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A comprehensive analysis of the COL29A1 gene does not support a role in eczema


Abstract

BACKGROUND:

Based on a recent positional cloning approach, it was claimed that the collagen 29A1 gene (COL29A1), which encodes an epidermal collagen, represents a major risk gene for eczema underlying a previously reported linkage to chromosome 3q21. However, thus far, not a single replication attempt has been published, and no definitive functional data have been provided.
OBJECTIVES:

We aimed to determine whether COL29A1 polymorphisms contribute to eczema susceptibility and whether COL29A1 expression is altered in eczema.
METHODS:

We investigated the reported association of COL29A1 variants with eczema, subtypes of eczema, and eczema-related traits in 5 independent and large study populations comprehensively phenotyped for allergic diseases: a set of 1687 German patients with eczema and 2387 population control subjects, a collection of 274 German families with eczema-diseases children, a cross-sectional population of German children (n = 3099), the Swedish population-based birth cohort Children Allergy and Milieu in Stockholm, an Epidemiologic Study (BAMSE) (n = 2033), and the European cross-sectional Prevention of Allergy-Risk Factors for Sensitization Related to Farming and Anthroposophic Lifestyle (PARSIFAL) study (n = 3113). An additional set of 19 COL29A1 coding single nucleotide polymorphisms was analyzed in BAMSE and PARSIFAL. COL29A1 expression was investigated by using in situ hybridization.
RESULTS:

We found no evidence for a relationship between COL29A1 polymorphisms and eczema. The equivalence test rejected the hypothesis of association even excluding small effects. In situ hybridization carried out on biopsy specimens from lesional and nonlesional skin of patients with eczema and from healthy control subjects did not show any differences in the cellular distribution pattern of COL29A1 expression at the mRNA level.
CONCLUSIONS:

Our results suggest that COL29A1 is unlikely to contain genetic variants that have a major effect on eczema or atopy susceptibility.

Copyright © 2011 American Academy of Allergy, Asthma & Immunology. Published by Mosby, Inc. All rights reserved.

Abstract

BACKGROUND:

Based on a recent positional cloning approach, it was claimed that the collagen 29A1 gene (COL29A1), which encodes an epidermal collagen, represents a major risk gene for eczema underlying a previously reported linkage to chromosome 3q21. However, thus far, not a single replication attempt has been published, and no definitive functional data have been provided.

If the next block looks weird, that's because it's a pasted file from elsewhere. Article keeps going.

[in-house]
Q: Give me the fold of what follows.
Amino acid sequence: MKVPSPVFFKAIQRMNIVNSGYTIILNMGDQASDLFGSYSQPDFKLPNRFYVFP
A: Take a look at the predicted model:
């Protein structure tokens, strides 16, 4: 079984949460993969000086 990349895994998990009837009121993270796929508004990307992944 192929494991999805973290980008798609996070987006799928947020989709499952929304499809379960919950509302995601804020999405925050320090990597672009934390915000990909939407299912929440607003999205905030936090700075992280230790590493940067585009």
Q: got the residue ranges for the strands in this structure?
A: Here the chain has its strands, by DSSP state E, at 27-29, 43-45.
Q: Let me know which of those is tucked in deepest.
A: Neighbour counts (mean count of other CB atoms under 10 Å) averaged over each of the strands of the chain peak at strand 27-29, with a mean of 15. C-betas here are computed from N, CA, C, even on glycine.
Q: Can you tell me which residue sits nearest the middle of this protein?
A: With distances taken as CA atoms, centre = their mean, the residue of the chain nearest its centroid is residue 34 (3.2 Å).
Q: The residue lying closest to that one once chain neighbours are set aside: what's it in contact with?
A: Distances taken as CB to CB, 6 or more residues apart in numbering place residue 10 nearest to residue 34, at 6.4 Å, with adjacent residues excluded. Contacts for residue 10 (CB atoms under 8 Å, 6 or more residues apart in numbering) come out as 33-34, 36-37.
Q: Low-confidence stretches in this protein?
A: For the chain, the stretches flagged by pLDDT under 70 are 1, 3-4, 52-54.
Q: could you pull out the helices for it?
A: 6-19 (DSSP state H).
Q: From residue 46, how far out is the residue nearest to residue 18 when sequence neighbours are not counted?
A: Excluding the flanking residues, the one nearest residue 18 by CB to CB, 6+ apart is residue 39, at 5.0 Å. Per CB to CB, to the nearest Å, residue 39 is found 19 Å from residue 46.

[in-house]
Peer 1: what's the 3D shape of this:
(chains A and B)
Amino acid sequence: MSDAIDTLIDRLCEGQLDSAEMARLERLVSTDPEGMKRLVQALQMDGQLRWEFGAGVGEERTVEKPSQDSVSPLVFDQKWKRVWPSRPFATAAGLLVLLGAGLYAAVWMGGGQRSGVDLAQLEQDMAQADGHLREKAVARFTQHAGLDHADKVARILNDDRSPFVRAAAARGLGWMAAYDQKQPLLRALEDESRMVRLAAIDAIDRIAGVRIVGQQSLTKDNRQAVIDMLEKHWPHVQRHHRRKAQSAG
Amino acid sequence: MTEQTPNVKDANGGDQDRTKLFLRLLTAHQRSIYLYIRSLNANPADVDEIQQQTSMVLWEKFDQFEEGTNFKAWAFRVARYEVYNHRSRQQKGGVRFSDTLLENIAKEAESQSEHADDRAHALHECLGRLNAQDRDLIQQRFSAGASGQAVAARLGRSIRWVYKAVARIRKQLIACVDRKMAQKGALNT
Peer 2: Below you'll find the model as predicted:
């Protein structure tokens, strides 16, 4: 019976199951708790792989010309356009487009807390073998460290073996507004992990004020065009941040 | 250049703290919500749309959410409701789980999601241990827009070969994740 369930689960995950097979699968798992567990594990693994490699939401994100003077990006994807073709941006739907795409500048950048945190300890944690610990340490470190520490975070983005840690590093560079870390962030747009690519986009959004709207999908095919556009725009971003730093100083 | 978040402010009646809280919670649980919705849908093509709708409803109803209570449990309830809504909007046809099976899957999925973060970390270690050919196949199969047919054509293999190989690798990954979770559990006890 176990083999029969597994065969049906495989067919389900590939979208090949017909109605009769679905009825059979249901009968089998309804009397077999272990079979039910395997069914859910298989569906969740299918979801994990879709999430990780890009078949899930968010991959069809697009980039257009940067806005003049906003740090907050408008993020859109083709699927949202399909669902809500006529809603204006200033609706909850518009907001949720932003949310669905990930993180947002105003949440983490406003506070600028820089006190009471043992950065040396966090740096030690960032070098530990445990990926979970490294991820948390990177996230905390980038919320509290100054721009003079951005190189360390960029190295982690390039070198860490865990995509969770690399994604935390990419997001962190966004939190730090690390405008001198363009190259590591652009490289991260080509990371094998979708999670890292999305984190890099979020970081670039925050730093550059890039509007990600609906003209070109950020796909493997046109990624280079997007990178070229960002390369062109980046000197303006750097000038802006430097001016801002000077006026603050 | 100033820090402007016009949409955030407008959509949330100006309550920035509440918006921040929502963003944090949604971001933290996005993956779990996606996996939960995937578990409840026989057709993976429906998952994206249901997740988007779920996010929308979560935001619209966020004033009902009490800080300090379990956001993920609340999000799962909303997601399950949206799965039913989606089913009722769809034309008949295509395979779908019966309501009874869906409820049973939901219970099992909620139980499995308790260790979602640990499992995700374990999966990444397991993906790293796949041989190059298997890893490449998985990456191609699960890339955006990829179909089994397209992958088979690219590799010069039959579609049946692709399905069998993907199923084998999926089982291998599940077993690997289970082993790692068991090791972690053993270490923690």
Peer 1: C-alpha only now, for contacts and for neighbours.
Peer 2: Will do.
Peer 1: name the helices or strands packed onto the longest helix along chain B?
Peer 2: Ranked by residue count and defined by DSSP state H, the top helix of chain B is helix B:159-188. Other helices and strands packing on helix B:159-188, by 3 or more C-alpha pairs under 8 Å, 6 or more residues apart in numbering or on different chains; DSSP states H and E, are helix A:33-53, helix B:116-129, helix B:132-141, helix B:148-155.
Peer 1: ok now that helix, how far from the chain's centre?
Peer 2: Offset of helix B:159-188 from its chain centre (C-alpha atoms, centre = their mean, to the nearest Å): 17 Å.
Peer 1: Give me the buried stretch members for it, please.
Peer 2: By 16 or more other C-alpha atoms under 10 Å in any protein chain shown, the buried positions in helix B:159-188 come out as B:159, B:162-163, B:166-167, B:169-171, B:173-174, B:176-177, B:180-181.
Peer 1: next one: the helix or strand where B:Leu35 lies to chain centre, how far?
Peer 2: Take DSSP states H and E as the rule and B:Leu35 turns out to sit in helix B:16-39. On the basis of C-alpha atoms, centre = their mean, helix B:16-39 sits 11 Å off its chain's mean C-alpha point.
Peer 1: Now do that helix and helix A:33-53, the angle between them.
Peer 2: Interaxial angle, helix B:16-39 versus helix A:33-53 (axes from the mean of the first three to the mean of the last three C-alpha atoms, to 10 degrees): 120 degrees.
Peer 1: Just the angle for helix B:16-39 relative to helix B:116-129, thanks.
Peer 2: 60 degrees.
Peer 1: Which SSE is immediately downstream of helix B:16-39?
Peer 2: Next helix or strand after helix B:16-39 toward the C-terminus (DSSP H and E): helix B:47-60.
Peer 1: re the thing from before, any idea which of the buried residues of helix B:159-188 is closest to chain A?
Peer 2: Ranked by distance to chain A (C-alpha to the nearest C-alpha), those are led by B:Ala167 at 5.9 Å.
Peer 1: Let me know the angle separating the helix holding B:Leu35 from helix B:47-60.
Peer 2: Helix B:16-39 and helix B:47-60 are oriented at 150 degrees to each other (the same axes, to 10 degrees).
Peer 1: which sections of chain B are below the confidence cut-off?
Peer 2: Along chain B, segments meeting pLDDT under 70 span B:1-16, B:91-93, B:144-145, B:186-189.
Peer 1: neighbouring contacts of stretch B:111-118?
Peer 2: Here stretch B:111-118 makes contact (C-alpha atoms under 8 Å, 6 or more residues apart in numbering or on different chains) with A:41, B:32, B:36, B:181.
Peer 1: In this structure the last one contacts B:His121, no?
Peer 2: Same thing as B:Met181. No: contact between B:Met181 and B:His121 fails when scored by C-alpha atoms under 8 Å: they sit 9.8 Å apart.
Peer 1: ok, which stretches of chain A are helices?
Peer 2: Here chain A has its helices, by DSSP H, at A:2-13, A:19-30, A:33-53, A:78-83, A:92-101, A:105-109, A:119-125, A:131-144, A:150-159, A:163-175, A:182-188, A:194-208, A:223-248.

OBJECTIVES:

We aimed to determine whether COL29A1 polymorphisms contribute to eczema susceptibility and whether COL29A1 expression is altered in eczema.
METHODS:

We investigated the reported association of COL29A1 variants with eczema, subtypes of eczema, and eczema-related traits in 5 independent and large study populations comprehensively phenotyped for allergic diseases: a set of 1687 German patients with eczema and 2387 population control subjects, a collection of 274 German families with eczema-diseases children, a cross-sectional population of German children (n = 3099), the Swedish population-based birth cohort Children Allergy and Milieu in Stockholm, an Epidemiologic Study (BAMSE) (n = 2033), and the European cross-sectional Prevention of Allergy-Risk Factors for Sensitization Related to Farming and Anthroposophic Lifestyle (PARSIFAL) study (n = 3113). An additional set of 19 COL29A1 coding single nucleotide polymorphisms was analyzed in BAMSE and PARSIFAL. COL29A1 expression was investigated by using in situ hybridization.
RESULTS:

We found no evidence for a relationship between COL29A1 polymorphisms and eczema. The equivalence test rejected the hypothesis of association even excluding small effects. In situ hybridization carried out on biopsy specimens from lesional and nonlesional skin of patients with eczema and from healthy control subjects did not show any differences in the cellular distribution pattern of COL29A1 expression at the mRNA level.
CONCLUSIONS:

Our results suggest that COL29A1 is unlikely to contain genetic variants that have a major effect on eczema or atopy susceptibility.

Copyright © 2011 American Academy of Allergy, Asthma & Immunology. Published by Mosby, Inc. All rights reserved.

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Additional indexing

Item Type:Journal Article, refereed, original work
Communities & Collections:04 Faculty of Medicine > University Children's Hospital Zurich > Medical Clinic
Dewey Decimal Classification:610 Medicine & health
Language:English
Date:2011
Deposited On:22 Jan 2012 19:41
Last Modified:27 Jan 2017 13:00
Publisher:Elsevier
ISSN:0091-6749
Free access at:Publisher DOI. An embargo period may apply.
Publisher DOI:https://doi.org/10.1016/j.jaci.2010.12.1123
PubMed ID:21353297

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